Political theology, as well as adjunct discourses such as theories of secularization, has focused on shifts between 'immanent' and 'transcendent' conceptions of God, noting how these correlate with different political structures. The requisite fix to the fallen world comes either from outside (in sovereign God or sovereign king) or from within. Such political theology reduced theology to the practice of pointing outside or pointing inside. Reducing the richness of theological tradition to two vague gestures leads directly into the trap of discarding Law in favor of Grace, for it focuses on modes of redemption rather than modes of living and acting, religiously or politically. (9)
Lloyd wants to move away from the either-or (inside-outside) approach, which reflects what he calls a 'supersessionist logic', towards a 'middle path'. (10) Indeed, The Problem With Grace draws explicitly on the work of the philosopher/ sociologist/theologian Gillian Rose and her concept of the 'broken middle', to which I too will shortly refer. In light of Agamben and Levinas' respective legacies, I want to question the emphasis placed on the figures of exclusion and exception as symptomatic of supersessionist thinking. In Agamben, they appear in the figure of homo sacer (as well as the Muselmann) in his state of 'bare life', while in Levinas it is the unseated self, dissolved in the scorching glory of the Other.
Levinas' exceptional gesture is revealed in the undoing of the self's intentionality and self-presence, the self 'held hostage' by radical alterity. Exclusion in Levinas is not, therefore, only exclusion pertaining to the Other, as we might initially intuit, but the exclusion of the self as wilful subject and sovereign. Levinasian exclusion is carried forth by the sweeping formlessness, indeed lawlessness, of the other person who is always already before or beyond me and whose transcendence infinitely exceeds totalization. The ethical encounter according to Levinas is precisely this traumatizing and disrupting of the imperial self by the Other's boundless destitution. Seen positively, in Calarco's succinct formulation, Levinasian ethics is 'an interruption of my egoism coming from the face of an Other that transforms my being in the direction of generosity'. (11) Rose reads this transformation negatively as an expression of nihilism and a rejection of reason: 'to become ethical, this self is to be devastated, traumatised, unthroned, by the commandment to substitute the other for itself'. (12) Agamben's exclusory gesture, in the form of the 'state of exception' and bare life explored in the series of homo sacer books, signals the biopolitical focus on bodily exposure--the body's devastation that cements sovereign power. (13)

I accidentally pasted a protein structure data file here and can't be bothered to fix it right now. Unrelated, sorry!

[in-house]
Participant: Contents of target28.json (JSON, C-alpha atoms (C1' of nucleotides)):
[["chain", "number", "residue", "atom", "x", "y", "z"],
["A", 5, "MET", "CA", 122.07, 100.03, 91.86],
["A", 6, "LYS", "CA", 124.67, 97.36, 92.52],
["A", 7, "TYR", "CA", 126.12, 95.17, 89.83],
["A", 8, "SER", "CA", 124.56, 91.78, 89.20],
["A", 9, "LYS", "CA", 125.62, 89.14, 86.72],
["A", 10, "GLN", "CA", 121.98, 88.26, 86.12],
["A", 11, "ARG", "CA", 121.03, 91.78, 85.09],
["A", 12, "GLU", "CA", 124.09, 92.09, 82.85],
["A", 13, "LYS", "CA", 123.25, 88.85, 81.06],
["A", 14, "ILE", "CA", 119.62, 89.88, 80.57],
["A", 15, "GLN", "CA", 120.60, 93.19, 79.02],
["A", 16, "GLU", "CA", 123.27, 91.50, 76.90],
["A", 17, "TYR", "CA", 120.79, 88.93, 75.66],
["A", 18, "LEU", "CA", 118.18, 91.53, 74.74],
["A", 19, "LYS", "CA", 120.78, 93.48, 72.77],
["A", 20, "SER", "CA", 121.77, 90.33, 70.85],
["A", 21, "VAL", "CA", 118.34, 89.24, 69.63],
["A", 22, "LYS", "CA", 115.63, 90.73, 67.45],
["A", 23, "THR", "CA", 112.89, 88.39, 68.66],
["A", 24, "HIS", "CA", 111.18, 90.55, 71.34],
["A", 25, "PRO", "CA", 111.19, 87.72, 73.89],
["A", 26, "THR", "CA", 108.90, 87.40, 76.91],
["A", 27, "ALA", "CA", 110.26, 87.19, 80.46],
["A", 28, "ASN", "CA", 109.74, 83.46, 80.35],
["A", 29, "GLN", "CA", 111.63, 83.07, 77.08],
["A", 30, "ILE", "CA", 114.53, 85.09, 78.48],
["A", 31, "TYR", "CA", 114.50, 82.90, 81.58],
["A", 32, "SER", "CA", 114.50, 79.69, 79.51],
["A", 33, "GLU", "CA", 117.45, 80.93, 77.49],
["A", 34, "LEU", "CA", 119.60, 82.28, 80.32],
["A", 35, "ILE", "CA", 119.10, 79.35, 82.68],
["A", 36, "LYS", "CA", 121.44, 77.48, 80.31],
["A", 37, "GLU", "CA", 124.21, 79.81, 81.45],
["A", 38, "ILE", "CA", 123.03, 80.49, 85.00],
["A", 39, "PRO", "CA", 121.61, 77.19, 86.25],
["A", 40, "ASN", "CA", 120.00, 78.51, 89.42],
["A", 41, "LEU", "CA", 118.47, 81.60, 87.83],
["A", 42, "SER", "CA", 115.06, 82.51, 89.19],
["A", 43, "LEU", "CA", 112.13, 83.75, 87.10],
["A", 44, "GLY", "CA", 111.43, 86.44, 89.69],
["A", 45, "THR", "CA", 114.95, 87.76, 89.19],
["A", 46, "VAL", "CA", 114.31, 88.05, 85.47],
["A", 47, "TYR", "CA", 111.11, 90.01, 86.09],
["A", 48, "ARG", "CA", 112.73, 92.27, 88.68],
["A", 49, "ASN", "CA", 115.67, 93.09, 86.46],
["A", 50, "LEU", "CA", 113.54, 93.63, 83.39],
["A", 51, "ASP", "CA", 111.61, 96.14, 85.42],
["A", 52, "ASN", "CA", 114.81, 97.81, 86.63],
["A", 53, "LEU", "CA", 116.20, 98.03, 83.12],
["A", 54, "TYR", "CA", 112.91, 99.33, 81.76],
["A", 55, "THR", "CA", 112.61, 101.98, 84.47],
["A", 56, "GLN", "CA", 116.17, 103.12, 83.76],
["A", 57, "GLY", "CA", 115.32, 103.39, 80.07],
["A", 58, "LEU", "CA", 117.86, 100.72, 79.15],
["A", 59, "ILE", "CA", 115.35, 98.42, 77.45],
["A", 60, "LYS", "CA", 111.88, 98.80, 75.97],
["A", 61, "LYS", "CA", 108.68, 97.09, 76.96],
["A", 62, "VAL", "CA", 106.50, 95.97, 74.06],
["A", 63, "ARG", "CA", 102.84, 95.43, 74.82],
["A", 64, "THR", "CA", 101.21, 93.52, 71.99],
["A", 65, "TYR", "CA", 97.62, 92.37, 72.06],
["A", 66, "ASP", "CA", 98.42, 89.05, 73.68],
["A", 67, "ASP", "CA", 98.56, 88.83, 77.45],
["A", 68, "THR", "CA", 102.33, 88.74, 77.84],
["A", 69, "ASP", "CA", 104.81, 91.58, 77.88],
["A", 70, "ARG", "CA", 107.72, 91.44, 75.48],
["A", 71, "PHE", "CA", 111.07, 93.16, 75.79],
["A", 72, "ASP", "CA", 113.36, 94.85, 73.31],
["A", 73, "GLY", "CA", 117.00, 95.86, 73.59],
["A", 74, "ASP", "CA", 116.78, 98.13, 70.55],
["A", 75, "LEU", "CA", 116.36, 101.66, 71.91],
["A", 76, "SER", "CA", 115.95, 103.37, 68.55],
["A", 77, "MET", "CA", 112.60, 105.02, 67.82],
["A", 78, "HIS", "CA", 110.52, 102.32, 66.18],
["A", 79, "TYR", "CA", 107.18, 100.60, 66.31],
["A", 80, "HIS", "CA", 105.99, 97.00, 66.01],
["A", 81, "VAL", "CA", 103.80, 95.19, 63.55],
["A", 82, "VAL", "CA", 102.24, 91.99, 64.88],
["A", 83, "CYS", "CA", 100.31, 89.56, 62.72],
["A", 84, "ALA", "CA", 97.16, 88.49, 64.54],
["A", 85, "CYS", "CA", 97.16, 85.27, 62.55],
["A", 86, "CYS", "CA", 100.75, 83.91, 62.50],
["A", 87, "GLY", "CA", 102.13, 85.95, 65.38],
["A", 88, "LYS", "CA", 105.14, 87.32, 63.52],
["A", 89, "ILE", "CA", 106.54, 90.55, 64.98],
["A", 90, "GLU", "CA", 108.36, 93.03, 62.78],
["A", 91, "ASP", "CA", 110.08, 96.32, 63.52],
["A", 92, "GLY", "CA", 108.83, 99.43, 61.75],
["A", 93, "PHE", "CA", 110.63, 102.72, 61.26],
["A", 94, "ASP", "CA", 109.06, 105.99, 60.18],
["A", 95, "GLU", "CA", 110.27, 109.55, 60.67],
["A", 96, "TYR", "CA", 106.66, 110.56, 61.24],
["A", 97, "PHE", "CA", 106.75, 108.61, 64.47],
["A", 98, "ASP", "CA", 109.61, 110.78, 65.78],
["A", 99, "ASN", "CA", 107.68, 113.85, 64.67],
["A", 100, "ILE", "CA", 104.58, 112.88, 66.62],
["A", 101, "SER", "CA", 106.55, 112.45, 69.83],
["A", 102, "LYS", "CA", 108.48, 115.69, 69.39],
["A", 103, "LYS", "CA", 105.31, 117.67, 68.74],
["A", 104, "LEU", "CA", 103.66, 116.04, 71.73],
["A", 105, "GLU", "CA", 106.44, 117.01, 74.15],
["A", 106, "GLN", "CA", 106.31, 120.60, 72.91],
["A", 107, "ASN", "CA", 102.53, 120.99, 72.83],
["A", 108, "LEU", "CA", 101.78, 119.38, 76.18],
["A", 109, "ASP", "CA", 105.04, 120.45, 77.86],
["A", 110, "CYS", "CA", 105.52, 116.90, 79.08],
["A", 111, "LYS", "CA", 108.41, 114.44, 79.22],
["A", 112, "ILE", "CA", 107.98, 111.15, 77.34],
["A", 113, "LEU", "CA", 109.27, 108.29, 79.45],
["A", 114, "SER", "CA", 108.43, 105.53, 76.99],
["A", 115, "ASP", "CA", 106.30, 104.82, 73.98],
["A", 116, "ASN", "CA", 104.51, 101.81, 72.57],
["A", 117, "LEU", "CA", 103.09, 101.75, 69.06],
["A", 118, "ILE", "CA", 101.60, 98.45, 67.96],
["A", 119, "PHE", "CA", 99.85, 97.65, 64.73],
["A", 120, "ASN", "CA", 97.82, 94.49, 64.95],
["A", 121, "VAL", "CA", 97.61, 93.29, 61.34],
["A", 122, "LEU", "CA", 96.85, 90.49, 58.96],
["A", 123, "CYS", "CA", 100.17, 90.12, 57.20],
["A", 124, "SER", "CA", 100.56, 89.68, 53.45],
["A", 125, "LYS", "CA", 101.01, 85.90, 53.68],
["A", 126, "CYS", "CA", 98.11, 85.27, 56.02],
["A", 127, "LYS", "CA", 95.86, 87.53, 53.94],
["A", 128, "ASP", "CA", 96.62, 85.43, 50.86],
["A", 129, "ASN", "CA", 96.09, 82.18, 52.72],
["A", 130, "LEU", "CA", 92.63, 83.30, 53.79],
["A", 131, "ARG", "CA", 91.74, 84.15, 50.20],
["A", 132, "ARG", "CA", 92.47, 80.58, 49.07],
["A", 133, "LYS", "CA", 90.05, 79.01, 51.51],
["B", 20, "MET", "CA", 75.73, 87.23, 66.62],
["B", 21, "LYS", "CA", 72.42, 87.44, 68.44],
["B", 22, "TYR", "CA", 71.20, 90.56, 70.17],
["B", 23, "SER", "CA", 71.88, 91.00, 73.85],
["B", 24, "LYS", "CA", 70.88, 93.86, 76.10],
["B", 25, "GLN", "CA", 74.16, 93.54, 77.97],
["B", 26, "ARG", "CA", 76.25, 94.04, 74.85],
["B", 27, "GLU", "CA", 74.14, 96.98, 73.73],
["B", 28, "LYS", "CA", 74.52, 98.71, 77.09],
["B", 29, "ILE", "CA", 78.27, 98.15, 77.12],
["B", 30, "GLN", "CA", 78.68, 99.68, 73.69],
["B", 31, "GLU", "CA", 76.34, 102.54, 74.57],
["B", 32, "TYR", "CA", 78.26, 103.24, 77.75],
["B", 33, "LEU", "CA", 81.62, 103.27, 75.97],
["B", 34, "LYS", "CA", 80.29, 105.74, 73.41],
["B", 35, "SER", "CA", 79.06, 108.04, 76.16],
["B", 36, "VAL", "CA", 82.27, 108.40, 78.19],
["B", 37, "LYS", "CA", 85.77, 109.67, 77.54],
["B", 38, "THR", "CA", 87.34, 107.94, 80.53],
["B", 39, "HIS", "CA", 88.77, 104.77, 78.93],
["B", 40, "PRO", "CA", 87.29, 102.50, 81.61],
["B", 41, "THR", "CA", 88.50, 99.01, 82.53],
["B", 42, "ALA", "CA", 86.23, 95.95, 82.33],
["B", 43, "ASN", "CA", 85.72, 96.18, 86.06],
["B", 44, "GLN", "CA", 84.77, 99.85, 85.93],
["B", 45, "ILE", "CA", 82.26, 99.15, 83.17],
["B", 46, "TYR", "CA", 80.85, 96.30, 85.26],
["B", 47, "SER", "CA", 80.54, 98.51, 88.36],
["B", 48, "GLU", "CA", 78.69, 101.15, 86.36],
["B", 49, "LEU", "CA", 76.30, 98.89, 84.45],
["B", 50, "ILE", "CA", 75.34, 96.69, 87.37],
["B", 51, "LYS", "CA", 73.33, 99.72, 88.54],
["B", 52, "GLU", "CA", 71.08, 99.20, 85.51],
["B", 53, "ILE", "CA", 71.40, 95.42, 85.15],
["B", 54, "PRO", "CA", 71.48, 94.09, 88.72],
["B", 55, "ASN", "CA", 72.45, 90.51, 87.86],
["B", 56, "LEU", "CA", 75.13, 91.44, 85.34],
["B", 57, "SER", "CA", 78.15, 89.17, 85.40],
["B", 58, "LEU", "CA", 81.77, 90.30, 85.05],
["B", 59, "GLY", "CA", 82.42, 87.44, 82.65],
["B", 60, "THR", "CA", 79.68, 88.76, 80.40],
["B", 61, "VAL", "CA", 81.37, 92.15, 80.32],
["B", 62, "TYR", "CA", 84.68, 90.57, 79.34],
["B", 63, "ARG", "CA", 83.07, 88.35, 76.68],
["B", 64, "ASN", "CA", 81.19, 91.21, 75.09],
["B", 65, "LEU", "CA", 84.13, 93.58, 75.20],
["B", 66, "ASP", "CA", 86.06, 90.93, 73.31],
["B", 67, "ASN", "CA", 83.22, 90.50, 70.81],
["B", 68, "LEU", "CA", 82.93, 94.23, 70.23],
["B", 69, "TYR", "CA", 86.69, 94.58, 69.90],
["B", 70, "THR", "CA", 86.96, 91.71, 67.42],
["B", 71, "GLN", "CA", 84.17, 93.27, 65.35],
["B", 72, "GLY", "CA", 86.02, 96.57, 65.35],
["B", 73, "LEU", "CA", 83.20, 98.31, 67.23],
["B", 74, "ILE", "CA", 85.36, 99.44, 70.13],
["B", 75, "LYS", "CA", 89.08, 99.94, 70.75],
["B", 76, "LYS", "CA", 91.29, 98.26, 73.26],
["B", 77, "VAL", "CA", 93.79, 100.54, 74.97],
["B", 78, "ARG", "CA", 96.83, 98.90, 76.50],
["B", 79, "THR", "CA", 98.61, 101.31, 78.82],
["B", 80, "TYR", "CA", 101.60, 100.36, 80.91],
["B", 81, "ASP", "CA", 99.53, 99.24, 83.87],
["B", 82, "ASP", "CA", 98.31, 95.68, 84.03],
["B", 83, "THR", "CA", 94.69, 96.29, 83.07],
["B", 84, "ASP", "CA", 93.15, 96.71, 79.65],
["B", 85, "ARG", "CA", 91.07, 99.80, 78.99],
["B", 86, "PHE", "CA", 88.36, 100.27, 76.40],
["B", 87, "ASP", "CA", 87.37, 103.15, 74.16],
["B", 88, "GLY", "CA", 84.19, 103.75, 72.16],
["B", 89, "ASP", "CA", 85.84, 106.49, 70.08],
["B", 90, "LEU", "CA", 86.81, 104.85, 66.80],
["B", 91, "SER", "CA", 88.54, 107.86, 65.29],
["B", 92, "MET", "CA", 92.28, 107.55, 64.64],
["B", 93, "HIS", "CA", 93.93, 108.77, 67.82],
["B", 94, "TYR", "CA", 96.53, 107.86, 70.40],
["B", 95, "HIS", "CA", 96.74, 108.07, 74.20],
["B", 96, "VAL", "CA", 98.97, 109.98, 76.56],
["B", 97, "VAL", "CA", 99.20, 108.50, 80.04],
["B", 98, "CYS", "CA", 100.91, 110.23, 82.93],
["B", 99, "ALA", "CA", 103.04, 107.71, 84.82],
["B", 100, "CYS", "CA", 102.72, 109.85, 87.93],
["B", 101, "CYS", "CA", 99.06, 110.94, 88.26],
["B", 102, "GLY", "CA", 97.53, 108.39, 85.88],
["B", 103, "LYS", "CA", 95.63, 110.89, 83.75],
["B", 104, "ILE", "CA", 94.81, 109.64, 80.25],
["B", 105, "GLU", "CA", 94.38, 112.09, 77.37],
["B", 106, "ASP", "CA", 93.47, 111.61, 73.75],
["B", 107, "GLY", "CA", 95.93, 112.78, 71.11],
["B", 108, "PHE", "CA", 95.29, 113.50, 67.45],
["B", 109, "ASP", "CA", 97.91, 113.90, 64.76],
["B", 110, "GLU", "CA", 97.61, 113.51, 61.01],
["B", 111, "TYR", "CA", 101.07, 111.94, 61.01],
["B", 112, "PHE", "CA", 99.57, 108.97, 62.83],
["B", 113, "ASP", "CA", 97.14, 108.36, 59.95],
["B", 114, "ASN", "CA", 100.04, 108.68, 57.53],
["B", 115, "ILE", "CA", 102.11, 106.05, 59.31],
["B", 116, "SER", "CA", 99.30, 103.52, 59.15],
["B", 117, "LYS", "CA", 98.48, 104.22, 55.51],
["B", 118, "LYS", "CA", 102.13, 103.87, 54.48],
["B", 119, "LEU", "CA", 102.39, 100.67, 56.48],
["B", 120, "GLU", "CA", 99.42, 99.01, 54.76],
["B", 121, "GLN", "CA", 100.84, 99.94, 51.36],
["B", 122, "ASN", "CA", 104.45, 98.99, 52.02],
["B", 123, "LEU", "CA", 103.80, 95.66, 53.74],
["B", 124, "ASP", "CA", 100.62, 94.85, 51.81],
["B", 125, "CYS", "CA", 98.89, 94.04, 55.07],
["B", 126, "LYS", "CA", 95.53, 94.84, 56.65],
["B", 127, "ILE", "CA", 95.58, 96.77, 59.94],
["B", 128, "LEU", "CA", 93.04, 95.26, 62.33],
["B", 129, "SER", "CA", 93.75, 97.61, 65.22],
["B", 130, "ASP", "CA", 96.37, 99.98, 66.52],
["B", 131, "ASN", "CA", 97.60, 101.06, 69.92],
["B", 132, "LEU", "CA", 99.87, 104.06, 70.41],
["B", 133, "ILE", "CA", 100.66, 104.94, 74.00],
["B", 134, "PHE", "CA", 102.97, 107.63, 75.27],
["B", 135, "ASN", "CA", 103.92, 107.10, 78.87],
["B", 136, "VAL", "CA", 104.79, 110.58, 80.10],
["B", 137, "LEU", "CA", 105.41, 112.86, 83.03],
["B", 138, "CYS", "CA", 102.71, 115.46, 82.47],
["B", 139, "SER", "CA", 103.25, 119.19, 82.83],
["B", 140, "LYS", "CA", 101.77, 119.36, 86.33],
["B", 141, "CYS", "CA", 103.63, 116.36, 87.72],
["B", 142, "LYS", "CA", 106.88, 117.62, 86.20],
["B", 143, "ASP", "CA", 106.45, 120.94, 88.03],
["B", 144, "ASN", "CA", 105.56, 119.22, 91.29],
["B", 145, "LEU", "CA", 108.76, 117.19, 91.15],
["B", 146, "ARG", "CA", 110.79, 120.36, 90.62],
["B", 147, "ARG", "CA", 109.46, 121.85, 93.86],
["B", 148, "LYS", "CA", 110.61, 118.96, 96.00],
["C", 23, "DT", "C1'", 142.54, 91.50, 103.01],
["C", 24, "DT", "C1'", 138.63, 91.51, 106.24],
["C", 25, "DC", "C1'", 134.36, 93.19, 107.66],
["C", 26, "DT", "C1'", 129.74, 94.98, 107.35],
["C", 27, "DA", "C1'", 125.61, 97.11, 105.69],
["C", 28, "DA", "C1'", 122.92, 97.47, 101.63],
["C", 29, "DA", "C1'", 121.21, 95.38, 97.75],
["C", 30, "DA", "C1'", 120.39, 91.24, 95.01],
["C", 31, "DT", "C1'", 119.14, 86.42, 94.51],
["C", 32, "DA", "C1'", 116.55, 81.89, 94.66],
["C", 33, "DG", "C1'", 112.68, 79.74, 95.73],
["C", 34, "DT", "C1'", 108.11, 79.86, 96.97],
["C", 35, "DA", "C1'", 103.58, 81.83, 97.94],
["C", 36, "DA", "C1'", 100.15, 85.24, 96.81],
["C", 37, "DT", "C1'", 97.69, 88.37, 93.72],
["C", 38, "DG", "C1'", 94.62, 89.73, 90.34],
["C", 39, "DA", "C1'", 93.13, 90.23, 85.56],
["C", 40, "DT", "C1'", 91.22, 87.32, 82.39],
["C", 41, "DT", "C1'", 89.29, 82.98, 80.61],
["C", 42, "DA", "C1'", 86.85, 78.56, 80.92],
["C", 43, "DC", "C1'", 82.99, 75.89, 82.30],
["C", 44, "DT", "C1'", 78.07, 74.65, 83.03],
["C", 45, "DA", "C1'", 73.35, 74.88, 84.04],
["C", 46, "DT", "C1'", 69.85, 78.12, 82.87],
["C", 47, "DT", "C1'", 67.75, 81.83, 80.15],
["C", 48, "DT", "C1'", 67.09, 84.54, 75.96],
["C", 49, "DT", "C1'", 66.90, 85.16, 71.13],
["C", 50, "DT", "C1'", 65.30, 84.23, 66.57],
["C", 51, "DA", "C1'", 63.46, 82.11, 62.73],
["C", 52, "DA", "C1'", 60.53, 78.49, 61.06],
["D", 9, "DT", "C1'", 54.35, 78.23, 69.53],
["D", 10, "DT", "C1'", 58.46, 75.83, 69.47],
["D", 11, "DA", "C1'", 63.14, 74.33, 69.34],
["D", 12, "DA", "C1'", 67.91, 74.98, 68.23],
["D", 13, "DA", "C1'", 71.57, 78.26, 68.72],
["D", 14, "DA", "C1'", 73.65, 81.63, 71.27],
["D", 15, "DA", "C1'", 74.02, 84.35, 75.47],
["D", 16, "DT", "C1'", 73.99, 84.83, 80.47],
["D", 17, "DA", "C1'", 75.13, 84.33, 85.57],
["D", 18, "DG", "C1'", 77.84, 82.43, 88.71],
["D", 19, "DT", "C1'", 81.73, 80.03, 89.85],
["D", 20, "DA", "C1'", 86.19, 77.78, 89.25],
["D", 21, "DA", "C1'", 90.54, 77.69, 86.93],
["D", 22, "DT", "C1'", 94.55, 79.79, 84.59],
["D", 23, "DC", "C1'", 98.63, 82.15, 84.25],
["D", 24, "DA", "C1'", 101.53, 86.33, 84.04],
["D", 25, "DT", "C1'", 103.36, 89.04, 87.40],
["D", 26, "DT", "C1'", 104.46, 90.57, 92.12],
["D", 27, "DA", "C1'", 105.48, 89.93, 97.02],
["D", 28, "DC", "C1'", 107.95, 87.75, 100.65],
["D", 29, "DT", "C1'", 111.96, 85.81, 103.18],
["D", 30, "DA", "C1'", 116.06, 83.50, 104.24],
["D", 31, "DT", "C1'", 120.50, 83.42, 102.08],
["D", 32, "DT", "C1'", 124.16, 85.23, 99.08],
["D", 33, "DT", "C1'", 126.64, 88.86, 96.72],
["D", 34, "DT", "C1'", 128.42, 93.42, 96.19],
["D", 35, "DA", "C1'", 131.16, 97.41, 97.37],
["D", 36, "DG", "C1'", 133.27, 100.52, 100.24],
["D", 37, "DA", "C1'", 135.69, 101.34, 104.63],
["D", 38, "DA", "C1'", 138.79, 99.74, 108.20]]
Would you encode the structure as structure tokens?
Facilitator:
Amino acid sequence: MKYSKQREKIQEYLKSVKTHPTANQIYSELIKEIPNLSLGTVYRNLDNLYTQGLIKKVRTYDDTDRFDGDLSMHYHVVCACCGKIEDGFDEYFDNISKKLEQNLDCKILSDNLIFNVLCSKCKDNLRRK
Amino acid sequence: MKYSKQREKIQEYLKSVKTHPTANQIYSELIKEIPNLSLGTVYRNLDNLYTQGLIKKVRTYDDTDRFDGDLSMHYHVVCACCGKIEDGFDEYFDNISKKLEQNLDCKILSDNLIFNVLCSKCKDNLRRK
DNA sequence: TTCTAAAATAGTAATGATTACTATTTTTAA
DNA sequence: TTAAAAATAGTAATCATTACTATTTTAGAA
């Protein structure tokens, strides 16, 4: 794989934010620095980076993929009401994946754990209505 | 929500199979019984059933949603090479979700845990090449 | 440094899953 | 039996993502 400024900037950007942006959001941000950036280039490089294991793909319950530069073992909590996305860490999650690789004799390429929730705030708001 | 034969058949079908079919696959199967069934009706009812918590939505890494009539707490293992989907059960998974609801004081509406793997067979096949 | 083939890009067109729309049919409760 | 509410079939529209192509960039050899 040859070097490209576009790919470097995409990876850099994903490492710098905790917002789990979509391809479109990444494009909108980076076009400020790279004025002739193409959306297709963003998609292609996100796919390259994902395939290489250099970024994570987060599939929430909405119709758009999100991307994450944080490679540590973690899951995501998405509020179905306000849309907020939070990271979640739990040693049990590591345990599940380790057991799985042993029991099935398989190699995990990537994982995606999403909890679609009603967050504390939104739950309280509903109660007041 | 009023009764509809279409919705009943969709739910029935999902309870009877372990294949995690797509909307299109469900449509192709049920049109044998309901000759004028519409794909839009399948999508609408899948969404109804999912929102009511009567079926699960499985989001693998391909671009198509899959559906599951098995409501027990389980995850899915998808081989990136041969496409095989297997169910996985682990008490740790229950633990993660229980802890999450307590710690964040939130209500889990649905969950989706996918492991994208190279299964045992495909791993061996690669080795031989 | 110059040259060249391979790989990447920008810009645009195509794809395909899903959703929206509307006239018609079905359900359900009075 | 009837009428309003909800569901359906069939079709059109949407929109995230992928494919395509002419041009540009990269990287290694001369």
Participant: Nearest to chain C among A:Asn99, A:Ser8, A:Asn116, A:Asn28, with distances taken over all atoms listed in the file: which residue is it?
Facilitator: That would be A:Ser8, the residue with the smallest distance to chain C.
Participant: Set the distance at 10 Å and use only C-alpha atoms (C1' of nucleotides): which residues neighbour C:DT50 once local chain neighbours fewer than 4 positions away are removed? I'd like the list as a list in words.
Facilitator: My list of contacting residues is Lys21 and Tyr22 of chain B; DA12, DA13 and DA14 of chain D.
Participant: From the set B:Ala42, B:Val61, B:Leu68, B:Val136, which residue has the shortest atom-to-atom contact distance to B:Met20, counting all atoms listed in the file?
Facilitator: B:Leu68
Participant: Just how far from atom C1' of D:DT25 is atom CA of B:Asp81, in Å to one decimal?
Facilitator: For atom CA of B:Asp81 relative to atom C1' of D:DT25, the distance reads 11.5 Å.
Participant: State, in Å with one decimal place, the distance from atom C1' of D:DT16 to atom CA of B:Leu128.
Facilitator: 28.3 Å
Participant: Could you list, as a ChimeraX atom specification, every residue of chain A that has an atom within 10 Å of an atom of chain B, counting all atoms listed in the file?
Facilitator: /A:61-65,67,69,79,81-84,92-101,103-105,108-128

In a sense, then, ethics and biopolitics represent opposite discourses: the former emphasizes the absolute exteriority of the Other who is otherwise than being or beyond essence, while the latter signals a return to embodiment as the bedrock of sovereign life. Yet from the point of view of the idiom of exclusion, we can recognize in the swings between ethics and biopolitics a kind of impatience with what Rose called 'the broken middle', an impatience tantamount to a purism and Puritanism which for Rose border on the nihilistic. (14)
An unqualified fascination with versions of extreme exclusion constitutes the bipolar turn in critical theory. The salvific urge underlying such radicalizations seems to me potentially to limit the ways we feel capable of speaking about the pressing issue Cora Diamond labelled plainly as 'injustice and animals', (15) ways that are not reducible to the forsaken dispensable body or the Other's overwhelming vulnerability--'overwhelming' in the double sense of verb (the Other's 'hyper-active' battering of the self) and adjective (the Other's 'hyper-passive' weakness that disarms the self).16 We would do better, I think, to return, compelled by the insights provided by Agamben and Levinas, to a 'civilized' discussion not only of exclusion and exception as the sole loci of oppression, but of exploitation and justice: a return, that is, to the elaborate, mundane realities and structures of power, oppression, and exploitation (of humans and other animals) and the agendas for combating them. Put differently, a preoccupation with radical Otherness threatens to lock us into a hypnotic vacillation between the two polar positions alluded to by Connolly: between the position of radical transcendence (ethics) and radical immanence (biopolitics). We may seek relief from violence in what Judith Butler calls 'a new bodily ontology' or else in a flight from subjectivity via the magnetism of the Other. (17) That the opposition between radical transcendence and radical immanence is finally cosmetic is apparent from their common dependence on states of exception and the uncanny resemblance between the unknowable, well-nigh material opacity of the Levinasian Other and the bare, well-nigh abstract translucence of homo sacer.